Colombians are cautiously awaiting a peace deal in the South American nation after Bogota and the Revolutionary Armed Forces of Colombia (FARC) announced an agreement on a bilateral ceasefire and the end to hostilities at peace talks in Cuba on Wednesday.
Authorities said the formal accord on the point will be signed today by President Juan Manuel Santos and FARC rebel leader Rodrigo Londono, better known by his nom de guerre Timochenko.
"It's always something important when it becomes concrete because there are a lot of doubts about what was really agreed in Havana and which hasn't yet surfaced. Citizens still don't know (about the peace agreement). We all want peace and hopefully this (deal) is good," said citizen, Terencio Poo.
Agreement on a third point of the negotiating agenda would be a major step forward in efforts by the two sides to end 50 years of war that have killed 220,000 people and displaced millions.
Santos has promised the final accord will be put to the Colombian people in a plebiscite, and must win over those sceptical of FARC promises to rejoin civil society, including supporters of hard-line former President Alvaro Uribe who claims a deal will grant guerrillas impunity for war crimes.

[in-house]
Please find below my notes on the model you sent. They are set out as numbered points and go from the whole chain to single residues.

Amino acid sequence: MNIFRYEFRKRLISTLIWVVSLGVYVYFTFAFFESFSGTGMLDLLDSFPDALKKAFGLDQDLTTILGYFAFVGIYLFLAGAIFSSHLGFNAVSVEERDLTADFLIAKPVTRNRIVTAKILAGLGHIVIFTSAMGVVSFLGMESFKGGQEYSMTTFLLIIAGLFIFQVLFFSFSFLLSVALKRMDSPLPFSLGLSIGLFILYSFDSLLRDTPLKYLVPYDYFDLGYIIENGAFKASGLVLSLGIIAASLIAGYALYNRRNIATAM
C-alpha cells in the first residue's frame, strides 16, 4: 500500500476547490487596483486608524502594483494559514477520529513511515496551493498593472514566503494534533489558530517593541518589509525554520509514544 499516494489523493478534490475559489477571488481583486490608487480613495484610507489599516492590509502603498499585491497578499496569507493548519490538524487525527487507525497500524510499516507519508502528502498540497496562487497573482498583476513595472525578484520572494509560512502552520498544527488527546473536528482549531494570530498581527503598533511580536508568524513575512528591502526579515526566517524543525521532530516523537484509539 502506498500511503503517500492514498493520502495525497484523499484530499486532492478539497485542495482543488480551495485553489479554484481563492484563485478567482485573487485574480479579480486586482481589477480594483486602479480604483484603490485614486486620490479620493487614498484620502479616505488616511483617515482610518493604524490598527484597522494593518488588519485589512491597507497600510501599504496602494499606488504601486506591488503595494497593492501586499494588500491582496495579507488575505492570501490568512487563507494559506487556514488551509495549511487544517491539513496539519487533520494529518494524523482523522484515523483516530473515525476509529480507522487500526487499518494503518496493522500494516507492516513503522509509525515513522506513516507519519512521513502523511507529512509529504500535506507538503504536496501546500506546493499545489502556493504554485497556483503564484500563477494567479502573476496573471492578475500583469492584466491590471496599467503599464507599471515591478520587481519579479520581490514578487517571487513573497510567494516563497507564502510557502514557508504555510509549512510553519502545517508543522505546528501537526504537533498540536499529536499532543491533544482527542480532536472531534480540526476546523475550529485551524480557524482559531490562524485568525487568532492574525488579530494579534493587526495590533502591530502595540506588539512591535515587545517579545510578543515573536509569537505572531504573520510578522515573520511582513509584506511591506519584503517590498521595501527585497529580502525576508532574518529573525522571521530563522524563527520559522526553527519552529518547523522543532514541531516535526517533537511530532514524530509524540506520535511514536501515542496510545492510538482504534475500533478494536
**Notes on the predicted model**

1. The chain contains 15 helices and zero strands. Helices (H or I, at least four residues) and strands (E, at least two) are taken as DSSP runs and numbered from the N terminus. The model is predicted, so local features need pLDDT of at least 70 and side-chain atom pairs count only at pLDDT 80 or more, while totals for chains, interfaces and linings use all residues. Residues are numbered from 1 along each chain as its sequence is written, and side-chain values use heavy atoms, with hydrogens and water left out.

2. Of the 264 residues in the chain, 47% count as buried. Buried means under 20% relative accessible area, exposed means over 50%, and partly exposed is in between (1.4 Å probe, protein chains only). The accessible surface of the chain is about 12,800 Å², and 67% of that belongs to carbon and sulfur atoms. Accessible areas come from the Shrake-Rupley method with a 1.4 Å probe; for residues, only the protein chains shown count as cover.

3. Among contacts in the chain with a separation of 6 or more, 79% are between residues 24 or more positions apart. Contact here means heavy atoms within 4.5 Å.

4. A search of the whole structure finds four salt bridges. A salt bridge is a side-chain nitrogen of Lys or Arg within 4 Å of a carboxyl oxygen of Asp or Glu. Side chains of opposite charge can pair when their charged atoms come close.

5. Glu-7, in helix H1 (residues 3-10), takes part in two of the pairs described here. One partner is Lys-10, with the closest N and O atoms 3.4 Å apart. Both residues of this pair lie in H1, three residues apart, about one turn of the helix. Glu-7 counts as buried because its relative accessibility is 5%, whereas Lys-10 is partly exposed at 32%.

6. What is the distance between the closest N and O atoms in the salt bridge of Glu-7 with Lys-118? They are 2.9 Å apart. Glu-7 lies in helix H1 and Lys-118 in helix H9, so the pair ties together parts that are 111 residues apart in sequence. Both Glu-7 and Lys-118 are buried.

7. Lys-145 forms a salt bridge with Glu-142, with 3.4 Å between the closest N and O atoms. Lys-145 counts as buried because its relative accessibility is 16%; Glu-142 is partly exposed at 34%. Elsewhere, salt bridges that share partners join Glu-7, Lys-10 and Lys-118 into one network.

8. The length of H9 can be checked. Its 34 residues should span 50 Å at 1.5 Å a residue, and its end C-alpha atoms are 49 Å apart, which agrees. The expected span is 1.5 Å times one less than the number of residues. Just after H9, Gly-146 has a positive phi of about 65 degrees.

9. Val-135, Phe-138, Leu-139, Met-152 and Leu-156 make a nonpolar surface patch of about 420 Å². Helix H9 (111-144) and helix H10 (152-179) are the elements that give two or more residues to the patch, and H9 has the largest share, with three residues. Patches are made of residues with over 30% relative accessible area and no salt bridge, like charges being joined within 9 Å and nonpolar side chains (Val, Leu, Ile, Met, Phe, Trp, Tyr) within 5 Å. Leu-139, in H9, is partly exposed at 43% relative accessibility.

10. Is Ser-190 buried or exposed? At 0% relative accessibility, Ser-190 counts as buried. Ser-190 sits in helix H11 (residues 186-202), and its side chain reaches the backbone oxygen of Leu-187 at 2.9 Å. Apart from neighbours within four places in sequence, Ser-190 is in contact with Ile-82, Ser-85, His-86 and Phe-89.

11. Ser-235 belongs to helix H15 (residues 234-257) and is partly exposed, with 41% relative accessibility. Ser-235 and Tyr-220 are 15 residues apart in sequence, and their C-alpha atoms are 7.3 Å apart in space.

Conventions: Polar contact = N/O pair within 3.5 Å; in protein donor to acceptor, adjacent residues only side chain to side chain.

"Hopefully the announcement tomorrow tells us that there will be jail for those who have committed heinous crimes and crimes against humanity," said co-President of the Democratic Centre opposition party, Oscar Ivan Zuluaga,
Once there is agreement on the third agenda point, the only remaining topic is how exactly the referendum will be organised.
If approved by the public, it would bring to an end Latin America's longest armed conflict.
"There are a lot generations, like mine, who never seen a single day of peace and tomorrow will be practically the end of the war," said Senator Mauricio Lizcano from Santos` ruling party.
President Santos has said this week the government and the rebels will complete negotiations for a final deal by July 20. The ceasefire, which includes terms for the FARC's demobilisation, laying down of arms, and security for former fighters, does not begin until the final deal is signed.
Colombian citizen Mariana Hoyos said Wednesday's ceasefire announcement is the first of many steps of a peace to come.
"This is the first step and I think there is still a lot to be done, but this is the start," she said.
Cuban President Raul Castro, United Nations Secretary-General Ban Ki-moon, Venezuelan President Nicolas Maduro and Chilean President Michelle Bachelet are also expected to attend the signing ceremony in Havana the two sides said.